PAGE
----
Carmen was based on an 1845 novelette by Prosper Mérimée, and the libretto was the work of Henri Meilhac and Ludovic Halévy, the latter a cousin of Bizet’s wife. Bizet based his Habanera—the name identifies a dance supposed to originate in Havana, Cuba— on what he thought to be a folk song; it actually was written by Iradier, a Spanish composer. In the opening scene, Bizet has the gypsy Carmen, on break from her job at the cigarette factory, sing it to taunt the soldier Don Jose, just arrived for his guard duty. Her sultry song comparing love to a beautiful bird is punctuated by the chorus—almost as a Greek chorus-- with the refrain “Prends garde a toi!” (“Young man, take care!”) While setting the stage for the story of the good soldier driven mad with desire, Carmen’s torch song also sets an eternal standard for sexiness and abandon.

Leonard Bernstein’s Overture to Candide is a comic operetta based on a classic satire by Voltaire. It opened in New York at the Martin Beck Theater on December 1, 1956 and ran for 73 performances. In 1973 a revamped version was produced for a limited run by the Chelsea Theater Center of Brooklyn. On March 10, 1974 the revamped version opened at the Broadway Theater and ran for 740 performances.

In 1982 it became part of the New York City Opera's repertory. After Candide's unfortunate short run in its first production, the New York Philharmonic, under the direction of the composer, premièred the Overture to Candide, in 1957. It has been a favorite of orchestras and bands since.

Bernstein (pictured at right) attended the Boston Latin School and Harvard University. At Harvard, he studied composition with Walter Piston and later, at Curtis, he studied with Randall Thompson and Fritz Reiner. In 1942 he was Serge Koussevitzky’s assistant at Tanglewood. While serving, at age twenty five, as assistant conductor of the New York Philharmonic, the orchestra's guest conductor, Bruno Walter, became ill just sixteen hours before a broadcast concert. Bernstein conducted the performance and did it so adeptly that it brought him instant fame. In 1944 he composed the Jeremiah Symphony, his first important work.

He was one of America's greatest musical geniuses. He achieved success as a conductor, pianist, composer and orchestrator. He also contributed greatly to the musical knowledge of laymen and is particularly well known in that regard for his series of television programs for young audiences.

In 1969, after twelve years as conductor of the New York Philharmonic, he left that post to devote himself to composing, lecturing, and guest conducting. His legacy includes three symphonies, three ballets, an opera, a film score, four Broadway musicals, and several works for solo, chamber, and choral groups. 

They called Benjamin David Benny Goodman (pictured at left) ‘the King of Swing.’  Born in poverty in the Jewish ghetto in Chicago on May 30th, 1909, one of 12 children, the virtuoso clarinetist became one of the most famous American musicians of all time, and in 1938 took jazz into Carnegie Hall!  He formed his first band in 1934, just as coast-to-coast radio and the rise of a new broadcasting species – the DJ – was about to get going in America.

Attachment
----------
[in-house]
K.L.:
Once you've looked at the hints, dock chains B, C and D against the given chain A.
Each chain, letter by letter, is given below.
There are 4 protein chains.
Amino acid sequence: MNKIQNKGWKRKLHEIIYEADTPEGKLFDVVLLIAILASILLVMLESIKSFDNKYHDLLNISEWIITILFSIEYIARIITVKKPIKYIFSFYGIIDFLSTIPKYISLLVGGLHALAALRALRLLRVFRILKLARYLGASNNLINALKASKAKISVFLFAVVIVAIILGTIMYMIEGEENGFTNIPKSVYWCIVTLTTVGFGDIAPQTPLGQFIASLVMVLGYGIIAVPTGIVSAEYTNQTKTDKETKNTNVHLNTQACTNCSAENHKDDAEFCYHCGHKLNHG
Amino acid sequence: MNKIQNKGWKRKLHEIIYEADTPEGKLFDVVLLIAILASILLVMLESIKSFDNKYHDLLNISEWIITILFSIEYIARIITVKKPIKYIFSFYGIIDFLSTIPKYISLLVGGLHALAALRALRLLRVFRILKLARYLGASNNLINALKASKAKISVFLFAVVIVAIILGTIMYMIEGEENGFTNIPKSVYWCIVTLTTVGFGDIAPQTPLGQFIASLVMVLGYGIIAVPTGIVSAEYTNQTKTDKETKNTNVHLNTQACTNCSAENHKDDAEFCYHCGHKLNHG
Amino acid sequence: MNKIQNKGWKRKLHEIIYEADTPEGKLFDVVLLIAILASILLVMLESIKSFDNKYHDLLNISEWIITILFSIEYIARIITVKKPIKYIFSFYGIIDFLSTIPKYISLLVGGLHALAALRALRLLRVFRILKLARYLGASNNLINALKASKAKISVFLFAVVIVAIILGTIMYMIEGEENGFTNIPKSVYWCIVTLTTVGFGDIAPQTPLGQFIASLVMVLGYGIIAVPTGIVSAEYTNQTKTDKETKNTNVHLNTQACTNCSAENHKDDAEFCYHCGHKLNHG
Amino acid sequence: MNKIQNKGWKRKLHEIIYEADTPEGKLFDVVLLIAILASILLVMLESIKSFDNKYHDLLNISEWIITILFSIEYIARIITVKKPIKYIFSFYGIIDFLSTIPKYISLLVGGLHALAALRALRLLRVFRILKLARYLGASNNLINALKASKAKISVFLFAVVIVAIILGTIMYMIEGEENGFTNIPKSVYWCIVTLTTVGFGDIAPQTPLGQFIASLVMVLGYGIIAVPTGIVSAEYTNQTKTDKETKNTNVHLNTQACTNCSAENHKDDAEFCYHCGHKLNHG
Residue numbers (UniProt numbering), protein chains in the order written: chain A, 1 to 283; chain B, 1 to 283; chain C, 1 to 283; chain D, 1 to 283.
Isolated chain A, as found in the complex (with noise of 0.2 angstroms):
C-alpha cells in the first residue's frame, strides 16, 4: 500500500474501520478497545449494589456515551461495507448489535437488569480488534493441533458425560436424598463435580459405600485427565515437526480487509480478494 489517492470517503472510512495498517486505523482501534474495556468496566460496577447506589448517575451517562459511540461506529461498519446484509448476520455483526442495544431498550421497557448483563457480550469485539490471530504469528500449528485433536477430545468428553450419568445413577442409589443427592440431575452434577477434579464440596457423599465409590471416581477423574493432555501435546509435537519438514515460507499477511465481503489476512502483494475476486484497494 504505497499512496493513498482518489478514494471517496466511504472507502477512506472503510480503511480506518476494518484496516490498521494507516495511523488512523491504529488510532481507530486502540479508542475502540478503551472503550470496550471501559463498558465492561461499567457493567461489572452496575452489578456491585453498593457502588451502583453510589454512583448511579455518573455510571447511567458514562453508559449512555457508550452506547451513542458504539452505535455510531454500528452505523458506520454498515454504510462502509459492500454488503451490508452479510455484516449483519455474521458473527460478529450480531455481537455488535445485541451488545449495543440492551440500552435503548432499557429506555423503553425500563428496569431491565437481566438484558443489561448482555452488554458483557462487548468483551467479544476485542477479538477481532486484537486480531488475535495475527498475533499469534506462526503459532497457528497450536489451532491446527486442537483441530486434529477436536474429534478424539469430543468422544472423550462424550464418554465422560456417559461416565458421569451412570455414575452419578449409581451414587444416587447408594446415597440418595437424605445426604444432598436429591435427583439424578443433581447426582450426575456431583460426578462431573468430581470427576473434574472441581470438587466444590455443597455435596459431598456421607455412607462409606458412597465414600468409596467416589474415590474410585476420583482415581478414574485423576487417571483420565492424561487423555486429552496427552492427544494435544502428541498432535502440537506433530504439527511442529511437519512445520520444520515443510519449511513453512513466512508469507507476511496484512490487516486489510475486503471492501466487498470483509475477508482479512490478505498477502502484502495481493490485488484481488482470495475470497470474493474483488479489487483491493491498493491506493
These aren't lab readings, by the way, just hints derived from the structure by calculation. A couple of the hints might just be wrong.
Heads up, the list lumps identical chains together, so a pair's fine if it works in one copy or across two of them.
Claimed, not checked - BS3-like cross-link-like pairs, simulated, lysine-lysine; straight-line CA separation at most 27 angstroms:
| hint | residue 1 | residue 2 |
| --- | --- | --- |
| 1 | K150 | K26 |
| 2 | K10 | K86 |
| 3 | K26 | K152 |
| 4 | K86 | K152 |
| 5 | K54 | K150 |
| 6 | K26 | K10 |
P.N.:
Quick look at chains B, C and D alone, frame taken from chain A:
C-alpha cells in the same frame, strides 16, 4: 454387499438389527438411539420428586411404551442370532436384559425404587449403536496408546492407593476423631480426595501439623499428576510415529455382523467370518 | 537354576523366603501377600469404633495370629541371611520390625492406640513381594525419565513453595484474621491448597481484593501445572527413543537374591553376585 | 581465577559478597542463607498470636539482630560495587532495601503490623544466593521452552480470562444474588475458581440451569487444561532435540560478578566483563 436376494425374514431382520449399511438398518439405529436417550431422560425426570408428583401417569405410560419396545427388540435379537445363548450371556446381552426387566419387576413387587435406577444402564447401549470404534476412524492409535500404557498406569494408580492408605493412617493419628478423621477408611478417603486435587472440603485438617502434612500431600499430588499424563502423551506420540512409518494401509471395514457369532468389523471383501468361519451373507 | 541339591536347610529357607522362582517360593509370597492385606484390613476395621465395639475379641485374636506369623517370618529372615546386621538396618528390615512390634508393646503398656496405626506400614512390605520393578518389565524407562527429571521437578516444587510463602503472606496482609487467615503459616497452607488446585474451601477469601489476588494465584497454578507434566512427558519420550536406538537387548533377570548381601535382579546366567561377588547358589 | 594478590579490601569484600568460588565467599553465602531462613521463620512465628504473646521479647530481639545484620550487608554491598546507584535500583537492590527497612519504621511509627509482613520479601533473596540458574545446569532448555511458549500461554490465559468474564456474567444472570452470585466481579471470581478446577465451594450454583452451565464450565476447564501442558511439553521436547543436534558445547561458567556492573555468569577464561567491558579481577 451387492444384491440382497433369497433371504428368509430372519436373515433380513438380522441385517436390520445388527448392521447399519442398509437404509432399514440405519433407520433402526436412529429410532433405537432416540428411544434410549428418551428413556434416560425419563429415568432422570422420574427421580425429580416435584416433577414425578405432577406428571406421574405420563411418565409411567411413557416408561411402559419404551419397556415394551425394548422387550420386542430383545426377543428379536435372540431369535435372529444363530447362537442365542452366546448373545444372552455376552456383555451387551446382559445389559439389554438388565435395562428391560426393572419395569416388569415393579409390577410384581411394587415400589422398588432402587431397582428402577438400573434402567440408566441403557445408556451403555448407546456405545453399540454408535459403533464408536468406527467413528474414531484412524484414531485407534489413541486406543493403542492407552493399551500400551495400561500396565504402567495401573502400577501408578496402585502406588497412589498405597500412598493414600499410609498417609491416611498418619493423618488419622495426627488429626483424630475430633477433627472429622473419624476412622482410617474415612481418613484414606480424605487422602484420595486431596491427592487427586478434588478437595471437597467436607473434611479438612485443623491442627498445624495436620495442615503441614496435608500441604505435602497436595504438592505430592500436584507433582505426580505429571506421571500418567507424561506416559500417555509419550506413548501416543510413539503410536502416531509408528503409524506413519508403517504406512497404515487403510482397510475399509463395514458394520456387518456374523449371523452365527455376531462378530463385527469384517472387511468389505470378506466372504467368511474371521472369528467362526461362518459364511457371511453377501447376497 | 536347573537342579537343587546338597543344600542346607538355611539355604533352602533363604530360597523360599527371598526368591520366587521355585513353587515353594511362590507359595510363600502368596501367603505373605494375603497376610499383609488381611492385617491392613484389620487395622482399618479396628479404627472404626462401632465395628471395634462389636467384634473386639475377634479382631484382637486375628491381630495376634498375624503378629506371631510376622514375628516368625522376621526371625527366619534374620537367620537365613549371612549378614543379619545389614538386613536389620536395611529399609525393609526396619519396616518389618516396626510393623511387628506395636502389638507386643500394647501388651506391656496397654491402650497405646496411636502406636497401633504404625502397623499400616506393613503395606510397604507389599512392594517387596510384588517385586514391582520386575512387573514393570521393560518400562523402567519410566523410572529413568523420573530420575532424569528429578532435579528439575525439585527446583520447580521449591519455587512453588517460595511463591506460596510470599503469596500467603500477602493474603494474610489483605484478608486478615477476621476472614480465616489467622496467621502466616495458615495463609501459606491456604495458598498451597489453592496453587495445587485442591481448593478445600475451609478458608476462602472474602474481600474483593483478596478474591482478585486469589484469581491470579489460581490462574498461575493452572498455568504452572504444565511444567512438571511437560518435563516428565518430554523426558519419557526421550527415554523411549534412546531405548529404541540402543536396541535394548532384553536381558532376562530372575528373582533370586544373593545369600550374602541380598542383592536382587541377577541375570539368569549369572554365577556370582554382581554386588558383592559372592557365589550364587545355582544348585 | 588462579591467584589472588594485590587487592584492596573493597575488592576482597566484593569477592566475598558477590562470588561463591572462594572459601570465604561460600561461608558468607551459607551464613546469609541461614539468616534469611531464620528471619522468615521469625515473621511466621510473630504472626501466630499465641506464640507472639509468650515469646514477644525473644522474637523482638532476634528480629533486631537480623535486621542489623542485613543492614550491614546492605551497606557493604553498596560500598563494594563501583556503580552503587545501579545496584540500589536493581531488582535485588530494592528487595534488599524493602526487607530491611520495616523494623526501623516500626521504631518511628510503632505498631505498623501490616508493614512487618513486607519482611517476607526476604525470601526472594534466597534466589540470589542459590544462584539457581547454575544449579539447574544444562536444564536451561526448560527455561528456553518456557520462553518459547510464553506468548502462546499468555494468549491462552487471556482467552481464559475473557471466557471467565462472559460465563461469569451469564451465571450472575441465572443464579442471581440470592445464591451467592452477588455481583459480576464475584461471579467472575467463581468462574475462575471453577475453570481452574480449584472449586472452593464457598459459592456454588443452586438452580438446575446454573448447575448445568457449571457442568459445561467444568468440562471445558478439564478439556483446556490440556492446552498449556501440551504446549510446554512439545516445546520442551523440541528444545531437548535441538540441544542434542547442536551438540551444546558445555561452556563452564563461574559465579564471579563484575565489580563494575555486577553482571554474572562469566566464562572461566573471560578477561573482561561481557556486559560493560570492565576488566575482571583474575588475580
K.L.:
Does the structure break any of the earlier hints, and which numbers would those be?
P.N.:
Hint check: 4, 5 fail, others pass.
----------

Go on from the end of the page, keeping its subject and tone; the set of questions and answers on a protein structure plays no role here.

Network radio was a major factor in Goodman’s overnight success. But, so was the immaculate elegance and fluency of his clarinet-playing and a brilliant group of partners including the thunderously theatrical drum star Gene Krupa, pianist Teddy Wilson, vibraphonist Lionel Hampton, and electric-guitar pioneer Charlie Christian.  Arrangements by Fletcher Henderson, the bandleader who had hired the young Louis Armstrong and Coleman Hawkins in the 1920s, also gave an edge to the early Goodman bands.

Paul Muthra’s sparkling arrangement of the music of Benny Goodman: King of Swing,  features Let’s Dance; Stompin’ at the Savoy; Moonglow; and, Sing, Sing Sing.

Henry Fillmore (pictured at right) was one of our most prolific composers with 256 compositions to his record and almost 800 arrangements.  He published under various pseudonyms as well as his own name: Henry Fillmore -114; Gus Beans – 2; Harold Bennett – 65; Ray Hall – 3; Harry Hartley – 6; Al Hayes – 57; Will Huff – 8; and Henrietta Moore – 1. 

According to Herb Block, Henry got into a conflict with his father (who composed and published liturgical music in Cincinnati) over the kind of music that Henry was composing.  Henry liked march music and said, “I will huff and puff and I will write my own music.” Hence, the name Will Huff.

Fillmore was a true free spirit.  He was brought up by a conservative family in a conservative town.  When he couldn’t do as he wished, he ran away with a circus and played trombone in the circus band.  To top it all off, he married an exotic dancer.

Footlifter  (March).  The march was composed for a Cincinnati insurance agency which sponsored the radio broadcasts of the Fillmore Band, and was dedicated To Harry T. Garner, Secretary of the Cincinnati Automobile Dealers’ Association. The motto of the agency was “A penny a day” for insurance and, as he had done with other marches, Henry used the rhythm of the phrase “A penny a day” to dictate the opening rhythm of the march.  The title was suggested by a personal friend of Henry’s who made the comment that the march was “a footlifter.”

An American Elegy was composed in memory of those who lost their lives at Columbine High School in 1999 and in honor of the survivors. Frank Ticheli (pictured at left) said, An American Elegy is, above all, an expression of hope. It was composed in memory of those who lost their lives at Columbine High School on April 20, 1999, and to honor the survivors. It is offered as a tribute to their great strength and courage in the face of a terrible tragedy. I hope the work can also serve as one reminder of how fragile and precious life is and how intimately connected we all are as human beings. I was moved and honored by this commission invitation, and deeply inspired by the circumstances surrounding it. Rarely has a work revealed itself to me with such powerful speed and clarity. The first eight bars of the main melody came to me fully formed in a dream. Virtually every element of the work was discovered within the span of about two weeks. The remainder of my time was spent refining, developing, and orchestrating.